AmCham Business Surveys: Not Exactly Scientific, but Undeniably Useful

April 22, 2013

The American Chamber of Commerce in China regularly publishes surveys of its members, which routinely include criticism of the government/legal system/business climate and complaints about anything from IP infringement to protectionism. So I’m not too surprised to see this pushback from the Ministry of Commerce put out by Xinhua:

An official with the Chinese Ministry of Commerce said Wednesday that a recent survey conducted by the American Chamber of Commerce in China, or AmCham-China, has under-represented foreign businesses in China, making the survey results debatable.

According to the group’s annual business climate survey, which was released on March 29, 28 percent of respondents said they saw China’s investment environment improving, down from 43 percent the previous year. The report also said more than a quarter of respondents said they had experienced data breaches or theft in their China operations.

The MOC official, who works with the ministry’s Department of American and Oceanian Affairs, said AmCham-China’s report was based on answers from 325 respondents among its 1,100 members, but the number of foreign-funded enterprises in China has exceeded 285,000, with over 20,000 funded by American firms.

While no one should be surprised by this, the more interesting issue is whether or not this guy from MOC has a reasonable point. He went on to say that if indeed the results are misleading, then potential foreign investors might get a skewed view of conditions in China, leading to poor investment decisions. He also criticized the media for essentially treating these surveys as gospel, without questioning how representative the results are.

I think these are fair points. Obviously the AmCham surveys are not scientific, and as is the case with surveys like this, I have a feeling that certain folks are over-represented, plus the complainers probably respond in greater numbers than companies that are more satisfied with how things are going.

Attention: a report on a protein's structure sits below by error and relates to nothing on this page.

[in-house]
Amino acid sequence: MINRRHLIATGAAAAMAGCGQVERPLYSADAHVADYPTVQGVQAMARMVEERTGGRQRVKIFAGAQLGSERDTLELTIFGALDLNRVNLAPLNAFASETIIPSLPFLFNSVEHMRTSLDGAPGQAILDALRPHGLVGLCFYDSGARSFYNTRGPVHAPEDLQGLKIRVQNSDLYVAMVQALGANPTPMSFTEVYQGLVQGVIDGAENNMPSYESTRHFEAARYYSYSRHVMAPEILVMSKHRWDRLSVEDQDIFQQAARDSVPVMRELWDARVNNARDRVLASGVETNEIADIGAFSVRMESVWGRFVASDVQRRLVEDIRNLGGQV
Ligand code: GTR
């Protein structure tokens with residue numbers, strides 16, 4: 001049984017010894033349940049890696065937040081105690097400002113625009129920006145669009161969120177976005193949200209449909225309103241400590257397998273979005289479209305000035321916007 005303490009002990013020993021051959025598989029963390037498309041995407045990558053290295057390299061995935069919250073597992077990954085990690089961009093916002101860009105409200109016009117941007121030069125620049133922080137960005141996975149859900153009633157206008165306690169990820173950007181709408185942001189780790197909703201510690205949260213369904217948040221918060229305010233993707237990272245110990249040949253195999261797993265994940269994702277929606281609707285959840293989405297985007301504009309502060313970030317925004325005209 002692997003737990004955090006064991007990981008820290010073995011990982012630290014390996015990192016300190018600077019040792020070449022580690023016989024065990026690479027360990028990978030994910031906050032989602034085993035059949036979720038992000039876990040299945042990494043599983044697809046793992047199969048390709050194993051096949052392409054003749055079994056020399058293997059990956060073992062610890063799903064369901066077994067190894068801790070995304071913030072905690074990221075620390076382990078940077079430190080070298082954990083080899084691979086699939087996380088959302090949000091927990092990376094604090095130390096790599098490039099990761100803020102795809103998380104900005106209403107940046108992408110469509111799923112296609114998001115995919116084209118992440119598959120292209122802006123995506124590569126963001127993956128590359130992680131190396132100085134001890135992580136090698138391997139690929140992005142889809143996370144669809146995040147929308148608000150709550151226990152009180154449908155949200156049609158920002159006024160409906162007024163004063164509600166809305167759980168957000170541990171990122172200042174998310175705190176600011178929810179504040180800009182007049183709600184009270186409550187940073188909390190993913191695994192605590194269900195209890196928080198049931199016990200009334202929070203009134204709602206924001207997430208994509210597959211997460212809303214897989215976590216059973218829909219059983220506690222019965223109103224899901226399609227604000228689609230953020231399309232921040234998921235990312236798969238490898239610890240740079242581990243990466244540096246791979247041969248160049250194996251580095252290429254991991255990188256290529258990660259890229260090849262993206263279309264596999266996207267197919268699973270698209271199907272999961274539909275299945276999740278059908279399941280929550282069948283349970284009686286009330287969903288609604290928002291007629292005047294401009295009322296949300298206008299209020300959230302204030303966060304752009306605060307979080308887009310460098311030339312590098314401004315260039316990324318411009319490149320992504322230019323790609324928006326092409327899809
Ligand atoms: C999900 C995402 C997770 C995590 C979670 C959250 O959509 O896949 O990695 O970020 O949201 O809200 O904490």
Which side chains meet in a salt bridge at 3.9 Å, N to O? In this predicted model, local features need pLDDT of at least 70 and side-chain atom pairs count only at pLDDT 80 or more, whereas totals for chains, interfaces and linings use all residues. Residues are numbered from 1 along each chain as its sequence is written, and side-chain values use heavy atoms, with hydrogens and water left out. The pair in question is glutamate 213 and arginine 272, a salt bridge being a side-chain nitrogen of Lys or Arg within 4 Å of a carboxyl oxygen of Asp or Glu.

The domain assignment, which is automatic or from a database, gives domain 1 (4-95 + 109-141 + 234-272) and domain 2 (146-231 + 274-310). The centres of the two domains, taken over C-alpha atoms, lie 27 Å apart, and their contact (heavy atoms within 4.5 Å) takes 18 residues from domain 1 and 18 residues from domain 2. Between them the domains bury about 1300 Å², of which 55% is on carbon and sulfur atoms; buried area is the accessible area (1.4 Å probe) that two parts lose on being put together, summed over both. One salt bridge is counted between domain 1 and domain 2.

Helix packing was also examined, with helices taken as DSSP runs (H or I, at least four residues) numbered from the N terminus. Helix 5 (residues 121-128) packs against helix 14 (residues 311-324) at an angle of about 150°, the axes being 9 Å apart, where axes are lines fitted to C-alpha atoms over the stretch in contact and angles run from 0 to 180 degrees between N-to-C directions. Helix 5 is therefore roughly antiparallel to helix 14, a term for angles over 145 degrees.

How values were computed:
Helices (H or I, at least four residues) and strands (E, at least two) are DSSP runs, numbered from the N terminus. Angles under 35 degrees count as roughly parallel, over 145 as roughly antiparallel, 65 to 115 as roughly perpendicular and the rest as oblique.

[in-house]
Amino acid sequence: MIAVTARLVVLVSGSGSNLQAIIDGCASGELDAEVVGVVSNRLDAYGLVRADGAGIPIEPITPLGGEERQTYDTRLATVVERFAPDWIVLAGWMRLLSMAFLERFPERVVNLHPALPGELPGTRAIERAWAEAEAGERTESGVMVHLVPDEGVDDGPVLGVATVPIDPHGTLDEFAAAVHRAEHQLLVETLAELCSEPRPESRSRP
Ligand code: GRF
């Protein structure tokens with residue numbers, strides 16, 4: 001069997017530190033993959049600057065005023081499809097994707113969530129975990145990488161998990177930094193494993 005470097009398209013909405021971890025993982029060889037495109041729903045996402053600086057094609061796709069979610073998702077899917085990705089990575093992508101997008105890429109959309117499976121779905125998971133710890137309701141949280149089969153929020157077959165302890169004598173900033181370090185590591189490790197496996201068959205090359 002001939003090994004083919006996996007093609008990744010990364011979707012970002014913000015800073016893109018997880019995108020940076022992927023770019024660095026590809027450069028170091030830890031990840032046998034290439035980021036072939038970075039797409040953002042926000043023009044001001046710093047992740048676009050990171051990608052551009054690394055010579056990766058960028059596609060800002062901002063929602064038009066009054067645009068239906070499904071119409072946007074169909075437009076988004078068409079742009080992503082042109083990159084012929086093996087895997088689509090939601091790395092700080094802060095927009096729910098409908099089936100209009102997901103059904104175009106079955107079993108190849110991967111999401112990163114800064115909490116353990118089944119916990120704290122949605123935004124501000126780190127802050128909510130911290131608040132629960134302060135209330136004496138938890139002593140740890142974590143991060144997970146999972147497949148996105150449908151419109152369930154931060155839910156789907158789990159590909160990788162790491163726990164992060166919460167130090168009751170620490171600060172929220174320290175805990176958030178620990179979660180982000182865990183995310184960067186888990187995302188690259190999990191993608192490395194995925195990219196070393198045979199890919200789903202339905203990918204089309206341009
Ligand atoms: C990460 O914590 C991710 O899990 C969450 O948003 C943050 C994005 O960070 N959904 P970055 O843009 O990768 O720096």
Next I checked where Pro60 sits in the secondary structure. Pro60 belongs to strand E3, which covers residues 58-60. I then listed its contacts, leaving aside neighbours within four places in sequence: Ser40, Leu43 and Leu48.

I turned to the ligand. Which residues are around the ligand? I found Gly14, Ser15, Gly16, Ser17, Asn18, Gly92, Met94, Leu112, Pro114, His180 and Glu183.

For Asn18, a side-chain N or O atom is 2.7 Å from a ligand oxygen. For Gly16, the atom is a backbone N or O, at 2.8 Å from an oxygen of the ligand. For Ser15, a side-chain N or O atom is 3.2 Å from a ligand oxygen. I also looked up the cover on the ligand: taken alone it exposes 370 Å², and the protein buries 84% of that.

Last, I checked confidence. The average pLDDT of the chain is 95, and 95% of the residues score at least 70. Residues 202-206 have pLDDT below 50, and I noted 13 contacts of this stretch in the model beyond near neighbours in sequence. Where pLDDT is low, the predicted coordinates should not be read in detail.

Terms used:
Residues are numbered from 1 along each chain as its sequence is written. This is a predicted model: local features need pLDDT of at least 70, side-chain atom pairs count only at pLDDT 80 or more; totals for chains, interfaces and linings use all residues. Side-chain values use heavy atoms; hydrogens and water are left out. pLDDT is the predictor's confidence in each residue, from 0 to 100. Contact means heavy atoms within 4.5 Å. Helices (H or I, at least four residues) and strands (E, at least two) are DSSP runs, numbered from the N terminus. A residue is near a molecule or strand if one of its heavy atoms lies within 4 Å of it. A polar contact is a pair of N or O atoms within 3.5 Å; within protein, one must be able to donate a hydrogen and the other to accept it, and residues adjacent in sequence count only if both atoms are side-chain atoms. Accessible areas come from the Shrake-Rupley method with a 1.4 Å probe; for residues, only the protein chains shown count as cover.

So yes, it’s possible that potential investors are getting misleading information. Who can we blame for that? AmCham itself? The media?

I don’t think I’m ready to throw AmCham under the bus for the way it handles member surveys. When AmCham publishes these things, the surveys are upfront about methodology, and although I haven’t checked recently, I dimly recall that accompanying press releases make clear how the data was collected.

I’m gonna let AmCham off the hook for this.

How about the media? Well, I’m slightly more open to a bit of criticism, but only a little. When the media reports on a new survey, the articles written generally contain the basics on methodology that you find in the AmCham press release. Anyone reading one of these articles carefully will understand the limitations of the survey.

However, and this is the only area where I’ll let Mr. MOC have his moment in the sun, a cursory glance at these articles, with their screaming headlines, might mislead folks who are skimming their way through the news. Headlines tend to be sensational, and they are usually written in such a way that focuses on one particular hot-button issue.

Shocking, I know. Unfortunately, the editors who write these headlines know what they’re doing. Which of these two headlines would catch your attention?

Seventy-eight percent of U.S. companies in China say they’ve been hacked.

AmCham: 78% of respondents to a survey with a 24% response rate say they’ve been hacked.

Right then. So a small amount of criticism for headline writers, with a fair amount of contributory negligence on behalf of lazy news readers. Aside from that, I’m giving AmCham and those who report on these surveys a pass.

One final point. I read these surveys on a regular basis. Even though they are not scientific and only represent a fraction of the companies over here, they do help to identify problem issues. As a private lawyer, this was useful in giving me a heads-up about matters that I would sooner or later see from my clients. As an in-house guy, it tells me what some other companies are dealing with. I think a lot more people out there benefit from this intelligence than are misled by it.